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1.  Oil-producing flowers within the Iridoideae (Iridaceae): evolutionary trends in the flowers of the New World genera 
Annals of Botany  2012;110(3):713-729.
Background and Aims
Oil-producing flowers related to oil-bee pollination are a major innovation in Neotropical and Mexican Iridaceae. In this study, phylogenetic relationships were investigated among a wide array of New World genera of the tribes Sisyrinchieae, Trimezieae and Tigridieae (Iridaceae: Iridoideae) and the evolution of floral glandular structures, which are predominantly trichomal elaiophores, was examined in relation to the diversification of New World Iridaceae.
Methods
Phylogenetic analyses based on seven molecular markers obtained from 97 species were conducted to produce the first extensive phylogeny of the New World tribes of subfamily Iridoideae. The resulting phylogenetic hypothesis was used to trace the evolutionary history of glandular structures present in the flowers of numerous species in each tribe. Hypotheses of differential diversification rates among lineages were also investigated using both topological and Binary-State Speciation and Extinction methods.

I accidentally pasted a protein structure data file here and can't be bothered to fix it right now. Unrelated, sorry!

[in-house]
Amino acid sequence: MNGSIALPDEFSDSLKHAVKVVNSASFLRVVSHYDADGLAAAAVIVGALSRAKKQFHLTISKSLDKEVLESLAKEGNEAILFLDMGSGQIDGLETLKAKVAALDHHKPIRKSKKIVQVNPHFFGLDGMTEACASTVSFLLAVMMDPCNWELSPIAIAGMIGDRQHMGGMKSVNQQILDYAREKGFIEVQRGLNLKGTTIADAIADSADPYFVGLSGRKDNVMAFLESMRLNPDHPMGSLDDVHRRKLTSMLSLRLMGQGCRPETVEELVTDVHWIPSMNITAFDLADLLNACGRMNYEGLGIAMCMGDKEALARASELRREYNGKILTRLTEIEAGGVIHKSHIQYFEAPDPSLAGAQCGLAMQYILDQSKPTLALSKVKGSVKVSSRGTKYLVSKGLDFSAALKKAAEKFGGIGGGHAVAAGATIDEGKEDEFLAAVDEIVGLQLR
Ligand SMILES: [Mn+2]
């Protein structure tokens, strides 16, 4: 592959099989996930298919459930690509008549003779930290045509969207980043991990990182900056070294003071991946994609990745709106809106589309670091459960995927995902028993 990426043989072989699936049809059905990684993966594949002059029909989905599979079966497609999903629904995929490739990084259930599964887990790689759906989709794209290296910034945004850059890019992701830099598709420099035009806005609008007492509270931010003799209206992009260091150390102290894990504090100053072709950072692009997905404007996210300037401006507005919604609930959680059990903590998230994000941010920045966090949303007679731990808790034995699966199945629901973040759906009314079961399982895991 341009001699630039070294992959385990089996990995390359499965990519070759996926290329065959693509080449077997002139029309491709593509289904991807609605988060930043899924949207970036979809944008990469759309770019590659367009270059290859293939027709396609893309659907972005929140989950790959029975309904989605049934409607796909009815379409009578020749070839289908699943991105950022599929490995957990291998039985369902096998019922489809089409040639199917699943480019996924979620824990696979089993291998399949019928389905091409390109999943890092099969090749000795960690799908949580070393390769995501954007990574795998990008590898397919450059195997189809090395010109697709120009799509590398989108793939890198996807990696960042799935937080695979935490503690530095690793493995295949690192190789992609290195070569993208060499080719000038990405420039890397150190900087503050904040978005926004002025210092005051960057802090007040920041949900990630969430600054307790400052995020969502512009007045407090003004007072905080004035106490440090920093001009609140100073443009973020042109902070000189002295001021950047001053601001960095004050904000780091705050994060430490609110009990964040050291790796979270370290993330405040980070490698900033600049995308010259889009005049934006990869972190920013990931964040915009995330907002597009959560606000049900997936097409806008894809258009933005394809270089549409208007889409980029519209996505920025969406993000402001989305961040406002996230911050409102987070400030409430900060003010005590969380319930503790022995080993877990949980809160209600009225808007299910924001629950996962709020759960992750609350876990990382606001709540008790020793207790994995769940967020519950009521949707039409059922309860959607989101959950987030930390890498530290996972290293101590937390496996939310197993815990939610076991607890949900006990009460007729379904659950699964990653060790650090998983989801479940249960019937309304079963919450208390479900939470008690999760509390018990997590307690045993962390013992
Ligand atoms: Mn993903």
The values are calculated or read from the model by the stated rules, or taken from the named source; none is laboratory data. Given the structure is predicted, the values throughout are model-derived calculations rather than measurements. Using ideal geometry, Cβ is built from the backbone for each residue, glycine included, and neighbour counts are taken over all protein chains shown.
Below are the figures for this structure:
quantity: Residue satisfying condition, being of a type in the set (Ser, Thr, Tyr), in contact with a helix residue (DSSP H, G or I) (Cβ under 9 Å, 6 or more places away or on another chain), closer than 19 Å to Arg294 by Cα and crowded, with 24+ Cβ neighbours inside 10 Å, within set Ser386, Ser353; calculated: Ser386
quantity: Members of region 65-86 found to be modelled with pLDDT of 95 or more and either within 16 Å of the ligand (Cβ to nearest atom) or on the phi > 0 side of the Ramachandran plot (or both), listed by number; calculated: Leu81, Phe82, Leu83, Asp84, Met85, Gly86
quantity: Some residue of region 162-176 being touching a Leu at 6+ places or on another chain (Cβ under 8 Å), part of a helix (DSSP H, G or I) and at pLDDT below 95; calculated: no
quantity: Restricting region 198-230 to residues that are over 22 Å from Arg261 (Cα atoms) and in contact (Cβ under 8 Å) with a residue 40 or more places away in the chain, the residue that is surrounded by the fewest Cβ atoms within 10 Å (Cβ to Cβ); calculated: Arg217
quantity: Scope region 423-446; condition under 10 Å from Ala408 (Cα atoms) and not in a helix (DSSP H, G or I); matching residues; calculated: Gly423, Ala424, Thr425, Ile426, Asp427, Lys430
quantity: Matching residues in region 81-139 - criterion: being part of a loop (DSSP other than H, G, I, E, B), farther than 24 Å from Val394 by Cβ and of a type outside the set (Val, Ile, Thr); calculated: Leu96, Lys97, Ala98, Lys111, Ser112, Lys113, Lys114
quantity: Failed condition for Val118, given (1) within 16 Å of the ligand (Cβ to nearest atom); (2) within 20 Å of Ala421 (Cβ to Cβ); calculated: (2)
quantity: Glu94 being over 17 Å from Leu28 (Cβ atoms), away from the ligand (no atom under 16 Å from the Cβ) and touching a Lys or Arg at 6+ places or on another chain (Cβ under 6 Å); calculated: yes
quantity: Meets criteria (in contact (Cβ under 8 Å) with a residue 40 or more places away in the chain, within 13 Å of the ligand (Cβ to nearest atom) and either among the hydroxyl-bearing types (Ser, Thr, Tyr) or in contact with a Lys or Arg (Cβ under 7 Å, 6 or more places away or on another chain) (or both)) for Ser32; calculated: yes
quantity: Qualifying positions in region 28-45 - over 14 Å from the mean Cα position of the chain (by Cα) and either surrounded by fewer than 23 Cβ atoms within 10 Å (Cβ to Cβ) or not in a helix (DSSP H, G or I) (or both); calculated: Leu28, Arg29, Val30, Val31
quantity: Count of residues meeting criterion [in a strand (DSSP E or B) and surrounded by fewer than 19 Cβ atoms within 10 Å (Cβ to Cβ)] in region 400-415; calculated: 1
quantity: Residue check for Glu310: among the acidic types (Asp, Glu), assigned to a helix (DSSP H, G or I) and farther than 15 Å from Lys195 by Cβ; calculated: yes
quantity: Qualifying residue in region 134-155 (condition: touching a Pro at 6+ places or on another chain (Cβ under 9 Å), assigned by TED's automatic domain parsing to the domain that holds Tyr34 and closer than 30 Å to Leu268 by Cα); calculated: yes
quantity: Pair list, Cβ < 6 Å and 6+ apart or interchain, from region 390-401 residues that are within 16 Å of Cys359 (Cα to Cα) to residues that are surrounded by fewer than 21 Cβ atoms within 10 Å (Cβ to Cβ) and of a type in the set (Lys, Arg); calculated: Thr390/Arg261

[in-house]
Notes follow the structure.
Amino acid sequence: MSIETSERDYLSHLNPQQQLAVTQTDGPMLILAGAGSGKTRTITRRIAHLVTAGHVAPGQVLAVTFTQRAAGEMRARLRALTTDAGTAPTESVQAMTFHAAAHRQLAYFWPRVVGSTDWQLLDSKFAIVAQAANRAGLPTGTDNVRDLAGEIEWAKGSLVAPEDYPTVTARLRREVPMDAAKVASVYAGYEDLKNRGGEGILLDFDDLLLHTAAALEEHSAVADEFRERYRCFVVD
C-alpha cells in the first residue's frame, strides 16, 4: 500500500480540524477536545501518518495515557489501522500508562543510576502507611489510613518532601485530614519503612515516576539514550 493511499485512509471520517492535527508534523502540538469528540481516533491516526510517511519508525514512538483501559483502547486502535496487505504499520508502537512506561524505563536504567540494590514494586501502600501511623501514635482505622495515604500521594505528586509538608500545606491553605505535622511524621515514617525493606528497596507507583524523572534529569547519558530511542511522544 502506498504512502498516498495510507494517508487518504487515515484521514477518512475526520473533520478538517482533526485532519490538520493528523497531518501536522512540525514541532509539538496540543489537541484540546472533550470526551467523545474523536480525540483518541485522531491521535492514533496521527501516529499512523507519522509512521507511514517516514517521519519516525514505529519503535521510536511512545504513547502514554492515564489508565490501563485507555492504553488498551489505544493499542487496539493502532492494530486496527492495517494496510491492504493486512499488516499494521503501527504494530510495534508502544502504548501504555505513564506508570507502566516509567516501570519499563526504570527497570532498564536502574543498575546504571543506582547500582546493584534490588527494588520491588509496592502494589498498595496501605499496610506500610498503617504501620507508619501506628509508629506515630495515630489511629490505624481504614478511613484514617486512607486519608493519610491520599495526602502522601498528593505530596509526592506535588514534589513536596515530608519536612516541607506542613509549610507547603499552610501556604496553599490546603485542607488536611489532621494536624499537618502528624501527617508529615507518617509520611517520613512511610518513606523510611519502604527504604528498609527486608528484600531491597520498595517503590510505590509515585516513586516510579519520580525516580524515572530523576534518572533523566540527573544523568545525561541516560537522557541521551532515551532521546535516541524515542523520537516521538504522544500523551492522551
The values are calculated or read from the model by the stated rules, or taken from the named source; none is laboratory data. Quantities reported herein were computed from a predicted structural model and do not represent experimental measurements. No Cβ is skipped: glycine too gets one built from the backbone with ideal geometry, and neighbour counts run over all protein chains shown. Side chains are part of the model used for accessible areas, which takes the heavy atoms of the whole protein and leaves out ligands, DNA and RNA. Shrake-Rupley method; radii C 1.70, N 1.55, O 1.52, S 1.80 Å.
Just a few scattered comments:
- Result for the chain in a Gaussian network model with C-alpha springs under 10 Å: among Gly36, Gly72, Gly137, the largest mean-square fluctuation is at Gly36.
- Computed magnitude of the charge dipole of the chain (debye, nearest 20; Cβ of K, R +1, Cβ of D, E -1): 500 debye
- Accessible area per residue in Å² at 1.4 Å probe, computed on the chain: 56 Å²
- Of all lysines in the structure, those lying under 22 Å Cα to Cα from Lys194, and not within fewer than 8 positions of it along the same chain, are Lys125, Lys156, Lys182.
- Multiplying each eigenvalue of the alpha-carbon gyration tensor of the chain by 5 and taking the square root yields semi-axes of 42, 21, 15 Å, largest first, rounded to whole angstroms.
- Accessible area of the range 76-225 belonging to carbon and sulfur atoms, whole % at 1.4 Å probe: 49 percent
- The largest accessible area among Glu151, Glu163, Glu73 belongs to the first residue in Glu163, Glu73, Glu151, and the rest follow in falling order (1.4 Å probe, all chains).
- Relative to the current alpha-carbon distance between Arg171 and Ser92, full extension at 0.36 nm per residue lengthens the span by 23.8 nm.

Key Results and Conclusions
Floral glandular structures and especially trichomal elaiophores evolved multiple times independently in the American tribes of Iridoideae. The distribution pattern of species displaying glandular trichomes across the phylogeny reveals lability in the pollination system and suggests that these structures may have played a significant role in the diversification of the Iridoideae on the American continent.
doi:10.1093/aob/mcs134
PMCID: PMC3400458  PMID: 22782239
Elaiophores; glandular trichomes; Iridoideae; nectaries; pollination systems; Sisyrinchieae; Tigridieae; Trimezieae
2.  Evolution of oil-producing trichomes in Sisyrinchium (Iridaceae): insights from the first comprehensive phylogenetic analysis of the genus 
Annals of Botany  2011;107(8):1287-1312.
Background and Aims
Sisyrinchium (Iridaceae: Iridoideae: Sisyrinchieae) is one of the largest, most widespread and most taxonomically complex genera in Iridaceae, with all species except one native to the American continent. Phylogenetic relationships within the genus were investigated and the evolution of oil-producing structures related to specialized oil-bee pollination examined.
Methods
Phylogenetic analyses based on eight molecular markers obtained from 101 Sisyrinchium accessions representing 85 species were conducted in the first extensive phylogenetic analysis of the genus. Total evidence analyses confirmed the monophyly of the genus and retrieved nine major clades weakly connected to the subdivisions previously recognized. The resulting phylogenetic hypothesis was used to reconstruct biogeographical patterns, and to trace the evolutionary origin of glandular trichomes present in the flowers of several species.
Key Results and Conclusions